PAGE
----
# Rotations...is this even possible?

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1101    100
First of all I should say I'm not working with c++ or openGl or any 'real' language, I just don't have the patience to work with them. I'm using a language aptly named game maker. It's not the most powerful but in theory you should be able to do almost anything with it... But my particular problem doesn't really concern what programming language I'm using, it is entirely mathematical. I'm trying to setup a trackball camera system in 3 dimensions. Setting up a camera in GM is incredibly easy but the problem is getting it to rotate right, or rather getting it to rotate right and being able to control it in the way that I want to. First of all I should describe my ideal camera system to you. It's ridiculously easy to understand and is controlled entirely by three buttons. Each button corresponds to x,y, and z axis rotation relative to the camera. So x axis rotation spins the screen around in a circle, y axis allows you to look 'up' or 'down' and z axis rotation allows you to look 'left' or 'right'. Like I said its very easy to imagine and It really should not be as hard as it has been. Secondly I should say that my first attempt at this was to use Euler matrices. I really liked how these worked and they actually made at least some sense. Specifically I liked that the rotation could be defined in terms of x,y, and z axis rotation. I could say set the x rotation to 90 and instantly get a change in position to the corresponding rotation. The problem with this system of course is gimbal lock, losing 1 degree of freedom at certain intervals of rotation. So I tried two systems next: rotation about an arbitrary axis and quaternions. I would later find out that these are exactly the same (see: http://www.gamedev.net/reference/articles/article1199.asp) and both had the exact same problem. Certainly the rotation 'worked' but what happened to terms of x,y, and z rotation? I can no longer tell the camera to rotate some arbitrary amount on a given axis but rather have to lead it to this amount. I tried sort of system where x,y, and z rotation was kept track of but this inevitably led to error and just didn't 'feel' right. So is it possible, using any sort of math or trick to get trackball camera motion and still be able to keep track of x,y, and z axis rotation and still be able to set these rotations to a fixed value and see the proper rotation? In another sense can I define the type of rotation I see in a quaternion or arbitrary axis system with euler angles?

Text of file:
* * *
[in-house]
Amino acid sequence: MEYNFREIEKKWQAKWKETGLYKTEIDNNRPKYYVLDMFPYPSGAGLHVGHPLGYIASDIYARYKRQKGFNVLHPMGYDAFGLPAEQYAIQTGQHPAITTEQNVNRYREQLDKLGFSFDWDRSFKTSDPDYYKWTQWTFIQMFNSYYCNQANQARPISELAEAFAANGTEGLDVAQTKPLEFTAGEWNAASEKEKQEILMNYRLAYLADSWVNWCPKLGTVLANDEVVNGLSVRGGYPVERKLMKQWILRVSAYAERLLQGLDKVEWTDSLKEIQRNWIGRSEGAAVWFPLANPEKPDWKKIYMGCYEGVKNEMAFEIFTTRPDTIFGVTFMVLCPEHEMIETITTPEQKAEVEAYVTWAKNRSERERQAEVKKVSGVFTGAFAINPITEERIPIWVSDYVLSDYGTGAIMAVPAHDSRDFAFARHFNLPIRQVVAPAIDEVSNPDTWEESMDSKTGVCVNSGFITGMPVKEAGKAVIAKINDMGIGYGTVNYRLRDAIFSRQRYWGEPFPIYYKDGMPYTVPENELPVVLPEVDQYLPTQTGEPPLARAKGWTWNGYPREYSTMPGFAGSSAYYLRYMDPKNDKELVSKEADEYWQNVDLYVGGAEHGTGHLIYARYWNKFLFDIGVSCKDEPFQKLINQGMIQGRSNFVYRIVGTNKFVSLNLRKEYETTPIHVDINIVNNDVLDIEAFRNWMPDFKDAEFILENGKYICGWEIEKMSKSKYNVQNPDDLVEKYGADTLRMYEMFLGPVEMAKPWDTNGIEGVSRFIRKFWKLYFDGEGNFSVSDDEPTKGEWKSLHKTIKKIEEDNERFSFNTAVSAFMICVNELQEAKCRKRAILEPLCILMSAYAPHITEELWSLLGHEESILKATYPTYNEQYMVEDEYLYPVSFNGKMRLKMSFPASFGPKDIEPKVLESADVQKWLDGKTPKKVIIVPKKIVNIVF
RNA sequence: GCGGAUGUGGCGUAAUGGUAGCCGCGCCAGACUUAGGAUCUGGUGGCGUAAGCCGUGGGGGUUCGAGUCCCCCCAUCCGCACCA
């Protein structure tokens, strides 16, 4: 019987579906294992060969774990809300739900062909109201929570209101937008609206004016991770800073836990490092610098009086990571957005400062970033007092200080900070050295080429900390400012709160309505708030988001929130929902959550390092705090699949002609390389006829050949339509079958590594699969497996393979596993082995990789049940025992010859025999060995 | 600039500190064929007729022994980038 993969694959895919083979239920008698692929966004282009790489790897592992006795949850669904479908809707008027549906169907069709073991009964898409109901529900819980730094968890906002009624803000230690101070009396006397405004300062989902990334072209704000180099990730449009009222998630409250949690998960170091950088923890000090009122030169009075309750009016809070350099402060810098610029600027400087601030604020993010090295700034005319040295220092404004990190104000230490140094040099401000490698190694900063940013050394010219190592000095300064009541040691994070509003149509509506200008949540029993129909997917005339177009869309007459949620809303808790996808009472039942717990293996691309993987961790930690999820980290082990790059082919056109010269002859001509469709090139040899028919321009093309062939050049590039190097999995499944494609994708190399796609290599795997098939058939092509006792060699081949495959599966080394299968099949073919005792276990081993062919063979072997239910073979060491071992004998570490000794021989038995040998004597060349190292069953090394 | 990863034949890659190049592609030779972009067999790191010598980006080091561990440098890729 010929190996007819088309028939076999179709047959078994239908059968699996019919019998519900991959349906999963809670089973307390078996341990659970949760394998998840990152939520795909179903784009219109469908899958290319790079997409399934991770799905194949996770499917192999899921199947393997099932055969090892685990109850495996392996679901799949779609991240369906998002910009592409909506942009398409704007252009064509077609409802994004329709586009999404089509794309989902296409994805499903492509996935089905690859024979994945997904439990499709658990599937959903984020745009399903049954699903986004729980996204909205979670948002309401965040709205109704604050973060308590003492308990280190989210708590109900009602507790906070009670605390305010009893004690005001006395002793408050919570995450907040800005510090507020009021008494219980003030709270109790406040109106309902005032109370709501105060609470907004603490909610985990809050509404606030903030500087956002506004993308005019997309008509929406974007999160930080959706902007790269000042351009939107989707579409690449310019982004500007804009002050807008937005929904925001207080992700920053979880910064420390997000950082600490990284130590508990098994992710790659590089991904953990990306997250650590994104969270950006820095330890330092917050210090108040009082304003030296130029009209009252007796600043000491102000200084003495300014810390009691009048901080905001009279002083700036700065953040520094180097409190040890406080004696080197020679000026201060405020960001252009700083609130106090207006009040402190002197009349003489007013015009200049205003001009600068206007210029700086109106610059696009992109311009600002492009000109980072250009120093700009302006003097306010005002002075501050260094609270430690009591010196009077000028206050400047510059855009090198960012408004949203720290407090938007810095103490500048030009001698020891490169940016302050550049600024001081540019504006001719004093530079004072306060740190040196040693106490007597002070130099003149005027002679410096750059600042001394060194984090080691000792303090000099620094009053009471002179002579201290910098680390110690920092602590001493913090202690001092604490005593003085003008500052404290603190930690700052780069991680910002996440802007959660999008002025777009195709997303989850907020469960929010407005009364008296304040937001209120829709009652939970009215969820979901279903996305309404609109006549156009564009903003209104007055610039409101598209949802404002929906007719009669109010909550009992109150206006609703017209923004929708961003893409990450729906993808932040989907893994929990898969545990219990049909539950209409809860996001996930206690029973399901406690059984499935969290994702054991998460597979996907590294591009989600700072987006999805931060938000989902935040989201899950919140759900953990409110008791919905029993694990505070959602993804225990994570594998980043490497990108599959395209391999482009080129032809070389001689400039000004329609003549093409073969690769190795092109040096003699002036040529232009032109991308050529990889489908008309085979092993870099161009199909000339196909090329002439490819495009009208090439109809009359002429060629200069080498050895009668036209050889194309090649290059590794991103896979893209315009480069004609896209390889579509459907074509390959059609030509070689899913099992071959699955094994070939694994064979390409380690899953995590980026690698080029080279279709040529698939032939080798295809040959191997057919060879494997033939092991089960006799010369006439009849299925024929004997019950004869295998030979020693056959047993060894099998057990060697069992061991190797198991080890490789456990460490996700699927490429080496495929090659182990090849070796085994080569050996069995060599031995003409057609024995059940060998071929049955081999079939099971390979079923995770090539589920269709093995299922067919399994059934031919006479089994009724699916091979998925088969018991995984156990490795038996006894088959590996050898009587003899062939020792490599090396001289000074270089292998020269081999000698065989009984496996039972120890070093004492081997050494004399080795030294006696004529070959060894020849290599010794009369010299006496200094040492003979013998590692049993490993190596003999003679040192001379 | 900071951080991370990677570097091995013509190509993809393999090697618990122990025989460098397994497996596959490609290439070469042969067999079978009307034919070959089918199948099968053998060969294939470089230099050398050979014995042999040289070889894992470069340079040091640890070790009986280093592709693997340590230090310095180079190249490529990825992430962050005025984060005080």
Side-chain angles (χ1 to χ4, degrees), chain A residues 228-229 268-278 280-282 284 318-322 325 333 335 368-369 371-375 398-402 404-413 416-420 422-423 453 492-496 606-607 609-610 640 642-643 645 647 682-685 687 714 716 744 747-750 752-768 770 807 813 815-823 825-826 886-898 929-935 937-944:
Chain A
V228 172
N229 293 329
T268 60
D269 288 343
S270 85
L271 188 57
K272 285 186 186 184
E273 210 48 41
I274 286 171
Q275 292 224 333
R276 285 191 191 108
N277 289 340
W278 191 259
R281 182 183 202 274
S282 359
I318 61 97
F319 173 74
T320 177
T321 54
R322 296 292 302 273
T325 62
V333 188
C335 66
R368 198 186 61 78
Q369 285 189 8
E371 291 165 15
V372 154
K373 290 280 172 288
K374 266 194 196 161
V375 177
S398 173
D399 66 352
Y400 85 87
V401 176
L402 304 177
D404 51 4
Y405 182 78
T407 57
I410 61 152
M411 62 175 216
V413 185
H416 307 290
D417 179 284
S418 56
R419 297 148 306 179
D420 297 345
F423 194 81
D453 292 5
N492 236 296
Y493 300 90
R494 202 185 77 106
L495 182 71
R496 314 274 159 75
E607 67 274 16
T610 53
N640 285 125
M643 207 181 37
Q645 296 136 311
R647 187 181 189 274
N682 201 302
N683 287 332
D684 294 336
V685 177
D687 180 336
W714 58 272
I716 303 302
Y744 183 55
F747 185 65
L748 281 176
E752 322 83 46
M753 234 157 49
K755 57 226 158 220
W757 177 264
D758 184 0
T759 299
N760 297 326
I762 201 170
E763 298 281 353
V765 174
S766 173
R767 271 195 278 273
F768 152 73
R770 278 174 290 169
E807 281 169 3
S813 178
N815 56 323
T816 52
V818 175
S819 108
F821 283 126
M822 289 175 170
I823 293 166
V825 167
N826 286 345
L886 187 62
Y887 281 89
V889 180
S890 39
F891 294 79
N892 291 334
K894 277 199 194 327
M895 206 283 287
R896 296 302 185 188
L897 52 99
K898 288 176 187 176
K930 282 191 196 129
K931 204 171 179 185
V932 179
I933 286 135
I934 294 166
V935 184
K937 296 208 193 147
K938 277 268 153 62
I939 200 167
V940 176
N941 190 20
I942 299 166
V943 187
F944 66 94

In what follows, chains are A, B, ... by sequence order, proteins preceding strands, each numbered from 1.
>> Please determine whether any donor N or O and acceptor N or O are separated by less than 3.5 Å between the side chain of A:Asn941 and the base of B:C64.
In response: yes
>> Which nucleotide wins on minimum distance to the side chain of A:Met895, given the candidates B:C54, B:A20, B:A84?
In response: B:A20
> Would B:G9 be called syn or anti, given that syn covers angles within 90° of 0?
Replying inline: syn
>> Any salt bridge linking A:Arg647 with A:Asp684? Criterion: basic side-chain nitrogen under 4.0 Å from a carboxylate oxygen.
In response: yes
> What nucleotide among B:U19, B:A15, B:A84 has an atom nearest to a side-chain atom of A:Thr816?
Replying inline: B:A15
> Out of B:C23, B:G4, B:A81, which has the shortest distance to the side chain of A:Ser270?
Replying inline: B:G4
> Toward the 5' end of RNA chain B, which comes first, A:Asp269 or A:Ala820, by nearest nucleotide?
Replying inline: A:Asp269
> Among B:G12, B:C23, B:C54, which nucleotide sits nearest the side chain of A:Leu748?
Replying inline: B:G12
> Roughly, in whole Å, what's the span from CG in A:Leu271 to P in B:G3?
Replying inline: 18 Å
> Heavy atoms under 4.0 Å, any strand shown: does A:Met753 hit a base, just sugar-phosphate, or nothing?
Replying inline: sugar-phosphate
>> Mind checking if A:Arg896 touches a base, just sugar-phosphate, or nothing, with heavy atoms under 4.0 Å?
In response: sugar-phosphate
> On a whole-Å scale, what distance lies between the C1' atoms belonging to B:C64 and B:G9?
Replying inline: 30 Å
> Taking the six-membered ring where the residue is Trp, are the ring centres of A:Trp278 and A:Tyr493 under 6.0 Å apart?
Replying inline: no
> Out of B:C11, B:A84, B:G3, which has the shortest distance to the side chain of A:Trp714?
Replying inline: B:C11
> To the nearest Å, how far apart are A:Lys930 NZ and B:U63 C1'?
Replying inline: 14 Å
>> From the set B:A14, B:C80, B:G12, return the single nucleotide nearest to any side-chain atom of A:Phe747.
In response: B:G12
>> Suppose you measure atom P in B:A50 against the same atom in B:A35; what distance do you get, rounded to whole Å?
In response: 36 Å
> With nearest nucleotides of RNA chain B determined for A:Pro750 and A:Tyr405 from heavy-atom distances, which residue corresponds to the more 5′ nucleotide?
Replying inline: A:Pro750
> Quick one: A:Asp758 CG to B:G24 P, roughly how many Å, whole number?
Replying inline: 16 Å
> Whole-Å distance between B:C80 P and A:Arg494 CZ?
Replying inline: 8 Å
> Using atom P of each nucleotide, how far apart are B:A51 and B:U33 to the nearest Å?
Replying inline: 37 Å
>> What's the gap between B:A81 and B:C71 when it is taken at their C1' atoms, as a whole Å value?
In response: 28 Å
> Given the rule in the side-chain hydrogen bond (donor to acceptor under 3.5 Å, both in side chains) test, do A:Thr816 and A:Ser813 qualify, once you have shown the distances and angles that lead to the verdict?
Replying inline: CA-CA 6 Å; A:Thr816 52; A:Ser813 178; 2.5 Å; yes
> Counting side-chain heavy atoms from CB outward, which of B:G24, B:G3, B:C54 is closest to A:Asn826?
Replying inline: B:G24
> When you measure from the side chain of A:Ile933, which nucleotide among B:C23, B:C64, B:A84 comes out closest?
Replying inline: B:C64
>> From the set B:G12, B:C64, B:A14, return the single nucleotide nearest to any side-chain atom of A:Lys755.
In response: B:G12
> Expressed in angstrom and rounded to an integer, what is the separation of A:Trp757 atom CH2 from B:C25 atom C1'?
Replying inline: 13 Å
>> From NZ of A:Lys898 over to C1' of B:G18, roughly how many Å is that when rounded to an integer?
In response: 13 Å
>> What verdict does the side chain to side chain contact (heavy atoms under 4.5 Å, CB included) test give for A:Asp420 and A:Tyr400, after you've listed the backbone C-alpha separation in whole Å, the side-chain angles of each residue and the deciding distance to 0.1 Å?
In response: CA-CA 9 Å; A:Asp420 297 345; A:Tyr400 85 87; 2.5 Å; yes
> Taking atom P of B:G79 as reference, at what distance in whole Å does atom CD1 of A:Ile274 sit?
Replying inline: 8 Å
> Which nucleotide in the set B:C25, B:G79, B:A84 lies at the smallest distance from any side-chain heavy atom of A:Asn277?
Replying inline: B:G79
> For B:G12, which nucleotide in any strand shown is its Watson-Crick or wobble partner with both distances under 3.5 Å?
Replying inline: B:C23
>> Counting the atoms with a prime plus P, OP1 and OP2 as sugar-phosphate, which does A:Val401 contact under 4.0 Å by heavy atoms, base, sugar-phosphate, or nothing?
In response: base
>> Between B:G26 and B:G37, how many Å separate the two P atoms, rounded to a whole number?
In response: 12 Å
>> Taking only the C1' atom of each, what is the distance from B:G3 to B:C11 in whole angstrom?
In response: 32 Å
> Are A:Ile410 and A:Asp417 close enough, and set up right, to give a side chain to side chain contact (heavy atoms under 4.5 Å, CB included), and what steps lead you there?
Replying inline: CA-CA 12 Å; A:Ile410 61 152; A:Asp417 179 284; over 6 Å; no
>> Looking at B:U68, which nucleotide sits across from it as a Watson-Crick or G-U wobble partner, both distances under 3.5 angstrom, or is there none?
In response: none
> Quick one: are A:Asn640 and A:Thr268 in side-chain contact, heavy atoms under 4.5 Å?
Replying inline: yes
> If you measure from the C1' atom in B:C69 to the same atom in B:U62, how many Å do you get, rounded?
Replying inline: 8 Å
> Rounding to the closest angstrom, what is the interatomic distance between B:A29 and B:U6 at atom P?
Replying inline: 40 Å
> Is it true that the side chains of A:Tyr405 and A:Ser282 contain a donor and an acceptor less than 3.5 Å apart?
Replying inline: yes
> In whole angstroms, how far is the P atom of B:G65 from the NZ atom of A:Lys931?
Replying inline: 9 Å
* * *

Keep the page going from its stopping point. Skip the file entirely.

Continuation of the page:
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Waaayoff    952
You shouldn't have problems with Gimbal Lock to be honest. Just use Euler angles.

PS: I use quaternions and it works just fine for my camera, no idea what you're talking about.

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karwosts    840
I can try to help you more with the concepts, but I think your description from what you want in a camera is still slightly ambiguous.

Quote:
 First of all I should describe my ideal camera system to you. It's ridiculously easy to understand and is controlled entirely by three buttons. Each button corresponds to x,y, and z axis rotation relative to the camera. So x axis rotation spins the screen around in a circle, y axis allows you to look 'up' or 'down' and z axis rotation allows you to look 'left' or 'right'. Like I said its very easy to imagine and It really should not be as hard as it has been.

There are two types of rotations you can do, and I'm not sure which one you are aiming for. These are Local and Global rotations.

In local rotation, the current orientation of the object defines the axis of rotation. Imagine looking straight up. If you "turn right" with a local rotation, your view will start to move toward the right until you are looking right, then down, then left, and finally back around toward up again. You might imagine this how a spaceship moves.